One Sunday morning in May, several years ago, I sat in our church auditorium with my Bible open, my pen poised, ready to hear the second sermon my pastor was about to share in his “family life” series.
The week before, we’d heard about the responsibilities of the husband and father. This particular week, the focus would be on the wife and mother. I knew, though, there would be trouble when he announced the title of his sermon, “An Excellent Wife”—and instructed us to turn to Proverbs 31.
I don’t know how you feel about this Bible superwoman, known as the “Proverbs 31 Wife” we read about beginning in verse 10, but for me, I’d always had a love-hate relationship with her. OK, maybe just hate. Wait, hate’s not a nice thing to say. Strongly disliked. She didn’t encourage me in the way she helped her husband or children—just reminded me of all the ways I didn’t.
The countless sermons I’d heard about her from well-meaning pastors over the years (usually around Mother’s Day) didn’t motivate me to do better; they just reminded me of what I wasn’t doing well.
It was Pinterest-envy at its worst before there was ever Pinterest, and by the time my pastor got to his point that “an excellent wife is a tireless worker,” I’d shut my Bible.
Seriously. Who gets angry in church? Probably not the Proverbs 31. But I wasn’t the Proverbs 31 wife. I was tired. I didn’t feel excellent as a wife or a mom—and I wasn’t happy about the reminder that I wasn’t.
I went home that day and had a long talk with God. Why was I so angry? Was this holy indignation? Or conviction? Maybe I needed to do a little more soul-searching.
After taking time to pray about my attitude that morning, I decided, that for a week, I’d intentionally try to apply some of the principles we read about in that passage. I made a greater effort thinking about dinner and used the stove more than the microwave. I tried finding ways to speak with kindness to my husband, Cliff, and our son, Caleb—and not snap so fast when something didn’t go as planned. I prioritized my time to spend more of it with my family and made fewer excuses about being too busy with work.
By the end of that week, I realized things had gone really well. Maybe there was something to this rewarding your husband “with good, not evil” thing. As a competitive person, I decided to challenge myself to try living out the Proverbs 31 wife principles for the next year and write about it. How bad could it be?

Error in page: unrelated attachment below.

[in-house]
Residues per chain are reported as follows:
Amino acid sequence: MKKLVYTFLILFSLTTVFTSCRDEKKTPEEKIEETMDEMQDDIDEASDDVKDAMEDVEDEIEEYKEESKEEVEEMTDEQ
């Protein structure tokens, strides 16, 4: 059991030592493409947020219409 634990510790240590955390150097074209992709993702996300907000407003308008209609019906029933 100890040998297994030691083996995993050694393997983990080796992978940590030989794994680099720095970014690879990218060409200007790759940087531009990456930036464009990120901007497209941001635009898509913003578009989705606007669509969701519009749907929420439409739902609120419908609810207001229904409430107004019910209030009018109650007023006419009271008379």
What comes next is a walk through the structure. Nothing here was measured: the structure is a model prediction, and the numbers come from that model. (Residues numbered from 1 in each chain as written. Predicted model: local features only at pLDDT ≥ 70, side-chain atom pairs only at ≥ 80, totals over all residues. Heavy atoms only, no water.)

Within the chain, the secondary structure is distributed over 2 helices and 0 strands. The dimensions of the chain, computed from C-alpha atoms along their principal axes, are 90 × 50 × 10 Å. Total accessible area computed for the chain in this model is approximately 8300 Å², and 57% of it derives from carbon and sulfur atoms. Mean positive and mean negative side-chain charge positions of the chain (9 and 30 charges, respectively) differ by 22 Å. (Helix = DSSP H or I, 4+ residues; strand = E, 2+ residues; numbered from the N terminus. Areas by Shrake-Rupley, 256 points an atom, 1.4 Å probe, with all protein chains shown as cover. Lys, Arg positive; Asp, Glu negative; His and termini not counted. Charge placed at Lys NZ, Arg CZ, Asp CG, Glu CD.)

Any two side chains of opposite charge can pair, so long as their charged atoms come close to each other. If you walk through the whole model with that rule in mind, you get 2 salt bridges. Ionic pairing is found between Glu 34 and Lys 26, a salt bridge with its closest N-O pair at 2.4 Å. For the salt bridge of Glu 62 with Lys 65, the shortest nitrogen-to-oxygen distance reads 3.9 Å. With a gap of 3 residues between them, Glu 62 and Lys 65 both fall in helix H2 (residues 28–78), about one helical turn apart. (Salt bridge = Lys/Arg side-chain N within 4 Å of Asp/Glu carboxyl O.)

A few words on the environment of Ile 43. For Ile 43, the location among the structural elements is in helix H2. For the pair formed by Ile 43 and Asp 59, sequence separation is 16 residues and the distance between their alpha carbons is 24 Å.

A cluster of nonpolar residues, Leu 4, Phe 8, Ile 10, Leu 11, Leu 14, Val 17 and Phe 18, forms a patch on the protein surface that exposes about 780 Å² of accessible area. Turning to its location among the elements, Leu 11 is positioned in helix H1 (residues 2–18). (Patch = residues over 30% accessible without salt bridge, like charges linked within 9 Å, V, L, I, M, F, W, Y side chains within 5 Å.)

Spoiler alert: Everything that could go wrong, did. But during that year, there was also a lot that went right, and those lessons have continued to shape my choices and actions as a wife and mom for the better. Maybe they will help you, too.
Live Out the Good, Not the Perfect
My worst critic during my year of trying to live out Proverbs 31 was … well, me. I didn’t just to put a nice meal on the table—I attempted gourmet. I didn’t want to find a couple of things I could learn to do well, I wanted to do it all well, and I wanted to perfect multi-tasking while I was at it.
But God taught me something important about perfection—He doesn’t want it.
He isn’t looking for it. He already has it in His Son. What He does want is our availability. When I made more time for my husband and my child, that wasn’t about a to-do list but was about actively looking for ways to show them love. God worked through those moments and turned that love into blessings for our family.
Live With Intention
If I learned anything about myself compared to the Proverbs 31 wife, it was that I wasn’t as intentional with my actions or my words as I thought I was. Part of this had to do with my view on activity. I thought the busier I was, the better wife and mom I must be, and I wanted to be a great wife and mom, so I needed to be really busy.
Being busy has nothing to do with being better. Often it does the opposite and can distract us from what we really need to be doing.
Stop asking, “What do I need to do today?” and start asking, “What does God want me to do today?” When you intentionally shift your perspective to His desires for you and your family over your own, you’ll find your priorities as a wife and a mom can change for the better. So can your fmaily.
Watch Over Your Family’s Thermostat Well
The old adage, “If mama ain’t happy, nobody’s happy” is true, but the opposite is also true.
If you’re happy, your family will be happy. If you’re at peace, your family will be more at peace. When I finally accepted the idea that God has called me to this role as a wife and mom to help set the temperature in my household, I started seeing what an influence I am—the influence God calls me to be. God gives me ministry opportunities to carry out every day with Cliff and with Caleb.
For better or worse, I set the tone for my home, so it’s crucially important that I rely on God for strength and wisdom each day. That’s what the Proverbs 31 wife did, and that’s what I must do as well.
Being a great wife and mom today isn’t about how organized you can be or how many items you can check off each day on your seemingly never-ending list. It isn’t about keeping up with the other moms in your circle, and it’s not even about keeping up with the Proverbs 31 wife. It’s about following what God has called you to do—today, for your family, right now.
And when you can finally do that, you’re exactly the wife and mom He wants you to be.
Sara Horn is an award-winning writer and the founder of Wives of Faith, an organization that encourages spiritual growth among military wives. She and her Navy Reservist husband live with their son in southeast Louisiana. Learn more at sarahorn.com.